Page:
As part of the poli­cy, the com­pa­ny should the­r­e­fo­re con­sider, among other things, who should be respon­si­ble for what. This also rai­ses the que­sti­on of what know-how and resour­ces are available intern­al­ly and what should be purcha­sed. A que­sti­on of orga­nizati­on is also the appoint­ment of a Pri­va­cy Advi­sor (this is more or less equi­va­lent to the “DPO” of the GDPR). You don’t have to appoint a data pro­tec­tion advi­sor, but it can be useful, espe­ci­al­ly for com­pa­nies with sen­si­ti­ve data and tho­se with spe­cial cus­to­mer expectations.

Whe­ther fur­ther poli­ci­es, direc­ti­ves or gui­dance are requi­red depends on the com­ple­xi­ty of the orga­nizati­on and its busi­ness model. 

In any case, it makes sen­se to have a poli­cy for Data dele­ti­on. Notes on this can be found below. 

Also the hand­ling of Data secu­ri­ty brea­ches is essen­ti­al. On the one hand, the revDSG intro­du­ces an obli­ga­ti­on to noti­fy secu­ri­ty brea­ches to the FDPIC or the data sub­jects under cer­tain con­di­ti­ons. Only a limi­t­ed peri­od of time is available for this. Second, mis­hand­ling secu­ri­ty brea­ches leads to repu­ta­tio­nal risks. Com­pa­nies must the­r­e­fo­re con­sider how they can ensu­re that secu­ri­ty brea­ches are dis­co­ver­ed quick­ly and taken up or escala­ted internally.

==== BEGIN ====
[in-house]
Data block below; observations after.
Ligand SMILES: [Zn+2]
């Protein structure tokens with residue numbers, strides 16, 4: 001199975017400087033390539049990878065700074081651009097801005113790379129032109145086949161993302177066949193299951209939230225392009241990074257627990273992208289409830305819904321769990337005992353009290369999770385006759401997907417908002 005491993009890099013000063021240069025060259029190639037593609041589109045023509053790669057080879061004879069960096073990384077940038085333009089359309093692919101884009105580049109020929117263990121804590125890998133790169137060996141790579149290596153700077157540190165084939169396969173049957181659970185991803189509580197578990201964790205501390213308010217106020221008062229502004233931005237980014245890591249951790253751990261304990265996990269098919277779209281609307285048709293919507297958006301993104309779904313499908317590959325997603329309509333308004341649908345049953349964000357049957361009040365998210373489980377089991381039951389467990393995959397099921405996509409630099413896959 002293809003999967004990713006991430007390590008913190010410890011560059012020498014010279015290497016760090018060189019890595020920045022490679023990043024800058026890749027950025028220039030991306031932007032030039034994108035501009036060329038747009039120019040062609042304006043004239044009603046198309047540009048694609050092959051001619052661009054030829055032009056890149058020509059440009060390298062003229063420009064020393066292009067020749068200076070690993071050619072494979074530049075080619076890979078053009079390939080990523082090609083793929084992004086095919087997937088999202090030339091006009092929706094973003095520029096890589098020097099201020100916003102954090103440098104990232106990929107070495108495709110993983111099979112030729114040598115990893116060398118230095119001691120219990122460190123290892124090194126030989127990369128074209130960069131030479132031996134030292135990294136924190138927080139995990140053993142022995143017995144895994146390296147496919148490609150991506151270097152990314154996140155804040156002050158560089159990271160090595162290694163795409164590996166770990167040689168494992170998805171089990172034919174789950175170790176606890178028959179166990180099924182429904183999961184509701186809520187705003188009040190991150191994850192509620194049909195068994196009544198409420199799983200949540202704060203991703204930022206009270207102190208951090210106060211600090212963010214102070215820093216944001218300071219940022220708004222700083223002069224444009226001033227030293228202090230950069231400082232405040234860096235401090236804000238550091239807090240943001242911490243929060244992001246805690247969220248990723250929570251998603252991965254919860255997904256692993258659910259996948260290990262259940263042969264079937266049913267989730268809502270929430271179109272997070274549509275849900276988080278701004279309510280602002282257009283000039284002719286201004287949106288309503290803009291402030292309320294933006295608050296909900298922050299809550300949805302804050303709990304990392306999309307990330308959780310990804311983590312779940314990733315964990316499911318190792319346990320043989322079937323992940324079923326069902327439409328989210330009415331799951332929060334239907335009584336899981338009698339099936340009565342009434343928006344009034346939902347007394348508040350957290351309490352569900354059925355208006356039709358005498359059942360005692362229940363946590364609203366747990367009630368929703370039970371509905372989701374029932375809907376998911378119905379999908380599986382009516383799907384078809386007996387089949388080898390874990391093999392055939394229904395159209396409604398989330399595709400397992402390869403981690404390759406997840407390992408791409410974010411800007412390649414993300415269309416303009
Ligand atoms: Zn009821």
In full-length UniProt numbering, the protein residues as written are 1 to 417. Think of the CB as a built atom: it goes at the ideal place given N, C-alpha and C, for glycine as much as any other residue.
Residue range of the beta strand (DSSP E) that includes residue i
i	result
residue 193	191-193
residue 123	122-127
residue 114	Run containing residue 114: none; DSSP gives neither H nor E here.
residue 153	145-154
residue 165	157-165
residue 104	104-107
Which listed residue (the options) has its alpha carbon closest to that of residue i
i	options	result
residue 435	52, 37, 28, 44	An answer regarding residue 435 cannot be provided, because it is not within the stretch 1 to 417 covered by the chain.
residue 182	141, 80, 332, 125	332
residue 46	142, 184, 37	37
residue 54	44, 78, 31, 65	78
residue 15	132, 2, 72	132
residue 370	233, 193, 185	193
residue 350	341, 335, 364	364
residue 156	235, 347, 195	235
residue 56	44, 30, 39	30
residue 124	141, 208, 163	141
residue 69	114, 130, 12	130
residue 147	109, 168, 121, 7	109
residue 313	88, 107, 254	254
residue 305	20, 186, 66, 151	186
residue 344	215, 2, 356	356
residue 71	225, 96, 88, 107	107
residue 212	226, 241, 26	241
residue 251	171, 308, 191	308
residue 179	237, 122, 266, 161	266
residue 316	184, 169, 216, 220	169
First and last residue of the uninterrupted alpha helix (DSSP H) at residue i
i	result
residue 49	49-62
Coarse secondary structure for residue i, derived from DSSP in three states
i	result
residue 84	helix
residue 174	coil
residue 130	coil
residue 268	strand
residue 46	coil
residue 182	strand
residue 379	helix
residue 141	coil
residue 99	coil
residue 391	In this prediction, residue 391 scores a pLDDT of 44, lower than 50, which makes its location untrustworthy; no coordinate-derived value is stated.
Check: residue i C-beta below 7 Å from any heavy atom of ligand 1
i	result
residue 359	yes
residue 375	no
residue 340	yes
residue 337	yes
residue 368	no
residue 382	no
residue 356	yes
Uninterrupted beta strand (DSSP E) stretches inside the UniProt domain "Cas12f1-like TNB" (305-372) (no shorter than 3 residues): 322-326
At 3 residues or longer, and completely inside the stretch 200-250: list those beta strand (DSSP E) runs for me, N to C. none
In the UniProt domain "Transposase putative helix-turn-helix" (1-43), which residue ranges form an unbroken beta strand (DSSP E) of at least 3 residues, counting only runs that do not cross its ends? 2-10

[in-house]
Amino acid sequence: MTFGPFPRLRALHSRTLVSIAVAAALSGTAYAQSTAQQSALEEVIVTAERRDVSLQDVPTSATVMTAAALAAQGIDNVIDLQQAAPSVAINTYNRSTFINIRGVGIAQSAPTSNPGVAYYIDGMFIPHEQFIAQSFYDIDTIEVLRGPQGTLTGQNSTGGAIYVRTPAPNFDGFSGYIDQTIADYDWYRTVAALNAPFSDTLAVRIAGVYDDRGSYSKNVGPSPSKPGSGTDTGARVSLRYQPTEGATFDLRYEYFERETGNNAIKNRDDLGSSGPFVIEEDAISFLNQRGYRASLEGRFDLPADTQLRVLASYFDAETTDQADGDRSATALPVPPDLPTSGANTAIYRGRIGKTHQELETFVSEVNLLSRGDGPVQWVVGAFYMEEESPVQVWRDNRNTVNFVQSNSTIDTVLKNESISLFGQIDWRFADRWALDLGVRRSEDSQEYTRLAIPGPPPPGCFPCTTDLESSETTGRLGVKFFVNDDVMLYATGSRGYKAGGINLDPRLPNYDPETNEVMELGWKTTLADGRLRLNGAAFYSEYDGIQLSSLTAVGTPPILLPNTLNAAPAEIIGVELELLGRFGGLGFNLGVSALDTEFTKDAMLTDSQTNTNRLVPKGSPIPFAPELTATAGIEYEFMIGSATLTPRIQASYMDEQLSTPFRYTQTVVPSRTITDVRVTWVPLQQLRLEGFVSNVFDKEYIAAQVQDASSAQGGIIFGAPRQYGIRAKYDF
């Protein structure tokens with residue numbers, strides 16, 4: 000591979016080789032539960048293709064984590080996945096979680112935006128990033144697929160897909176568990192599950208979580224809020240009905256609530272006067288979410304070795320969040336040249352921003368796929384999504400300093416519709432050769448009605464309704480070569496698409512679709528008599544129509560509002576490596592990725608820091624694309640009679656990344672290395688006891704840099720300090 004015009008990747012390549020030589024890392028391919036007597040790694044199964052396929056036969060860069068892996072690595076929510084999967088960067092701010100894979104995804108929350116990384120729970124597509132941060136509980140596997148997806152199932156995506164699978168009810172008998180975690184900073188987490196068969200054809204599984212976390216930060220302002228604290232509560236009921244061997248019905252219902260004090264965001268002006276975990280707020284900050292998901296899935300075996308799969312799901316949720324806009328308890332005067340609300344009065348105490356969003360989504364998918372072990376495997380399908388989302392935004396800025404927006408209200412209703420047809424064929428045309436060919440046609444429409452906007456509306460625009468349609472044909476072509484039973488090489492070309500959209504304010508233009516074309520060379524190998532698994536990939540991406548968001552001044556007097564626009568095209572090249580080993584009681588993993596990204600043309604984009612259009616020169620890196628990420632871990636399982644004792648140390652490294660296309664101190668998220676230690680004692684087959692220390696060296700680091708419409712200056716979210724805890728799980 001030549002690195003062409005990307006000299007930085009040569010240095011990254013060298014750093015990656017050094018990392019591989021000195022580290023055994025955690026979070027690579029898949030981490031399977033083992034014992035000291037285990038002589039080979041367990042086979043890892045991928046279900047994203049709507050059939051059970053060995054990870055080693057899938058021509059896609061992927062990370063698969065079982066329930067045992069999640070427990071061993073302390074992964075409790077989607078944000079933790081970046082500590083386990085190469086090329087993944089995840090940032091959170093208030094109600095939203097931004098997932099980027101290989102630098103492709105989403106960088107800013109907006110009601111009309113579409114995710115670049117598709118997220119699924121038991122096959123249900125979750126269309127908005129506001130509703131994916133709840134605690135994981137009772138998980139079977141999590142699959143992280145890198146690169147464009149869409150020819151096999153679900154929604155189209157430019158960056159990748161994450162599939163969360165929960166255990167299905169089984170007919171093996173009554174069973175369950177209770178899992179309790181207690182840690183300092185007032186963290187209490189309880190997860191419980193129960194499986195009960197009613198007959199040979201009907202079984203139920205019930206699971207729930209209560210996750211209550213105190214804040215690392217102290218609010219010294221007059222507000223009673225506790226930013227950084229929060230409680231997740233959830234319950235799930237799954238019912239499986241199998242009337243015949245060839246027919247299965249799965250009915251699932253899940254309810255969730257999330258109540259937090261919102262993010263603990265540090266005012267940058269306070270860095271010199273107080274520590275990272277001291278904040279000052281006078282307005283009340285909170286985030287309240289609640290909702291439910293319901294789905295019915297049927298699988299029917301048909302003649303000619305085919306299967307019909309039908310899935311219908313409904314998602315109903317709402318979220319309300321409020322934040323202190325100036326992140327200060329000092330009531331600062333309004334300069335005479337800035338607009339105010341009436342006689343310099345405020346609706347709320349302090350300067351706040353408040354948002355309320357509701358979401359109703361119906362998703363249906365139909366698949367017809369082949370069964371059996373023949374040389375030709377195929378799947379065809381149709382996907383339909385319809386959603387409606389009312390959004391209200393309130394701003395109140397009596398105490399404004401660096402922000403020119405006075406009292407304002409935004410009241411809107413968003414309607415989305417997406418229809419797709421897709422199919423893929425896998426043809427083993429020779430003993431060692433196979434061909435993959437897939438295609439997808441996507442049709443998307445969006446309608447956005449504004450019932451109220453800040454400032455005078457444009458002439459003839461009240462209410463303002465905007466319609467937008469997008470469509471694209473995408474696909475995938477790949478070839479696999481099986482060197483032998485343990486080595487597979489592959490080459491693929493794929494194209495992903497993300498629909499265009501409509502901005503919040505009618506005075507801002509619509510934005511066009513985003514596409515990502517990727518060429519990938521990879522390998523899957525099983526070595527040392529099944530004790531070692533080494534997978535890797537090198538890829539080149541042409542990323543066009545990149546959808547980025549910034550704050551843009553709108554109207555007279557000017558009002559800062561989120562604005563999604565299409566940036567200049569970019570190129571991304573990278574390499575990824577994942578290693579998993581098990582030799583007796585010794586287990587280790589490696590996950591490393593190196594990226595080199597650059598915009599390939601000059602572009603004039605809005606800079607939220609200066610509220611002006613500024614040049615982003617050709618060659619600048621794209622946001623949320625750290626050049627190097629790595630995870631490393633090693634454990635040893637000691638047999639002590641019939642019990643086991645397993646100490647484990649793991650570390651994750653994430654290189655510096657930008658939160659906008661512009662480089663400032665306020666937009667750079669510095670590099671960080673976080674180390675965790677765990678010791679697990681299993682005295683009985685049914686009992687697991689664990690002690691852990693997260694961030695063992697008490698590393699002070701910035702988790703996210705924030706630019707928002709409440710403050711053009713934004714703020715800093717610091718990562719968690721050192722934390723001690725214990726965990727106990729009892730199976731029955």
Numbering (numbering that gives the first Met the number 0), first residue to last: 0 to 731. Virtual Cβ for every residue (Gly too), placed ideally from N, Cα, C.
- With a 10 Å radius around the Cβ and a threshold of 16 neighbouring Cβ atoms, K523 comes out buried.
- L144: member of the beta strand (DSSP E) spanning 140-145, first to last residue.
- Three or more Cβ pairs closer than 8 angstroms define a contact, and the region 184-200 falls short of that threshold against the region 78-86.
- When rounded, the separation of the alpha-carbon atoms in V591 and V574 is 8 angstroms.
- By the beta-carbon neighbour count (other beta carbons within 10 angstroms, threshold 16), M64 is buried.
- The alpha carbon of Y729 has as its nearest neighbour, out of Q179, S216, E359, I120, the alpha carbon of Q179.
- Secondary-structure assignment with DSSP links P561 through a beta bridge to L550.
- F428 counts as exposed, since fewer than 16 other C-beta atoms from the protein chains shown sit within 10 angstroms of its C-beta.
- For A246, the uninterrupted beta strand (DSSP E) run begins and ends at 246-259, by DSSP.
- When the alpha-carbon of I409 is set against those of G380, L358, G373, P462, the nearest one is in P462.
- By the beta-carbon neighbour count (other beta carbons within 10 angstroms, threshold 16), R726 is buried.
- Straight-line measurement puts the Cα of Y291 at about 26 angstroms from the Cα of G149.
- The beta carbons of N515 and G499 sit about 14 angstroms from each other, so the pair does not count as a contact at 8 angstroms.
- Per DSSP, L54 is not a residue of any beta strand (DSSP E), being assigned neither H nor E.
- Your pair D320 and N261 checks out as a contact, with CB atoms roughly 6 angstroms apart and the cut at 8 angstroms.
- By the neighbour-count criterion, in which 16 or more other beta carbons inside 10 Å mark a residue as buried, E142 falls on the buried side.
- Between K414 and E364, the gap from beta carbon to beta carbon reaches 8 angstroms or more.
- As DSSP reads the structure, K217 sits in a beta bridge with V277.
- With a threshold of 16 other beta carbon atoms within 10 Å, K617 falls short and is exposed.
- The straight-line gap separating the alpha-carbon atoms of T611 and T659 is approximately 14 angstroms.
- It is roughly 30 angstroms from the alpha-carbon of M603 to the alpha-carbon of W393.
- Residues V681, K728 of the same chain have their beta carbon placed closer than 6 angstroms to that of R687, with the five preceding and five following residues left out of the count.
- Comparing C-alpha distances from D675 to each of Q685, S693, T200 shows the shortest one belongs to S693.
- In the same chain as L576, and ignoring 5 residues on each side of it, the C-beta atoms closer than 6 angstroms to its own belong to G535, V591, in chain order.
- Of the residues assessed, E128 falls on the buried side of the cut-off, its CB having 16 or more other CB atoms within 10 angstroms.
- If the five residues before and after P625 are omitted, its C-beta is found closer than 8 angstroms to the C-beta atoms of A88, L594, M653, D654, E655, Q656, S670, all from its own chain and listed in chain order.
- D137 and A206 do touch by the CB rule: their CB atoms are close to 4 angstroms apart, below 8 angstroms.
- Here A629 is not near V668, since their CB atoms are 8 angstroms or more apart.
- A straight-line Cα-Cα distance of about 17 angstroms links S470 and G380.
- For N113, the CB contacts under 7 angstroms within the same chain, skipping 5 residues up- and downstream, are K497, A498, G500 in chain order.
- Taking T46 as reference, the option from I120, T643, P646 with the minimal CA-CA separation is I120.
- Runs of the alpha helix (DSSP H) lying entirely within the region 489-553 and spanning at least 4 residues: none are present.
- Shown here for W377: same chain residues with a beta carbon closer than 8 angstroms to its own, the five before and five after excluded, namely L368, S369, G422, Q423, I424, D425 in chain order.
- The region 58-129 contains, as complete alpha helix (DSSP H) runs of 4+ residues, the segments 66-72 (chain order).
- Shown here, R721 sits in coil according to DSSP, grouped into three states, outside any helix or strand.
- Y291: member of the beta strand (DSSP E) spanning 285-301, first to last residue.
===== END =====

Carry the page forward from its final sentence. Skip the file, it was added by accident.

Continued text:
Also useful can be a gene­ral Ins­truc­tion The aim should be to pro­vi­de the simp­lest and most con­cre­te infor­ma­ti­on pos­si­ble on how to deal with unusu­al situa­tions, such as a secu­ri­ty breach, a request for infor­ma­ti­on or the use of new software.

  • Pre­pa­ra­ti­on of a draft poli­cy with the essen­ti­al prin­ci­ples of data pro­tec­tion in the company
  • Coor­di­na­ti­on with inter­nal affec­ted per­sons – whoe­ver is given a task must accept it and be appro­pria­te­ly pre­pared for it (and have the neces­sa­ry resources)
  • Con­side­ra­ti­on of whe­ther addi­tio­nal poli­ci­es or ins­truc­tions are appro­pria­te, e.g., for data dele­ti­on or hand­ling of secu­ri­ty breaches. 
  • If neces­sa­ry, ela­bo­ra­ti­on of fur­ther poli­ci­es or instructions

Pro­ce­s­sing directory

The revi­sed law deli­bera­te­ly refrains from impo­sing a sepa­ra­te, gene­ral duty to docu­ment pro­ce­s­sing ope­ra­ti­ons or the asso­cia­ted decis­i­ons. Howe­ver, the legis­la­tor still pro­vi­des for so-cal­led accoun­ta­bi­li­ty obli­ga­ti­ons in cer­tain are­as. The­se include, for exam­p­le, the obli­ga­ti­on to retain data for the data pro­tec­tion impact assess­ment or log­ging, but abo­ve all the obli­ga­ti­on to keep a pro­ce­s­sing directory.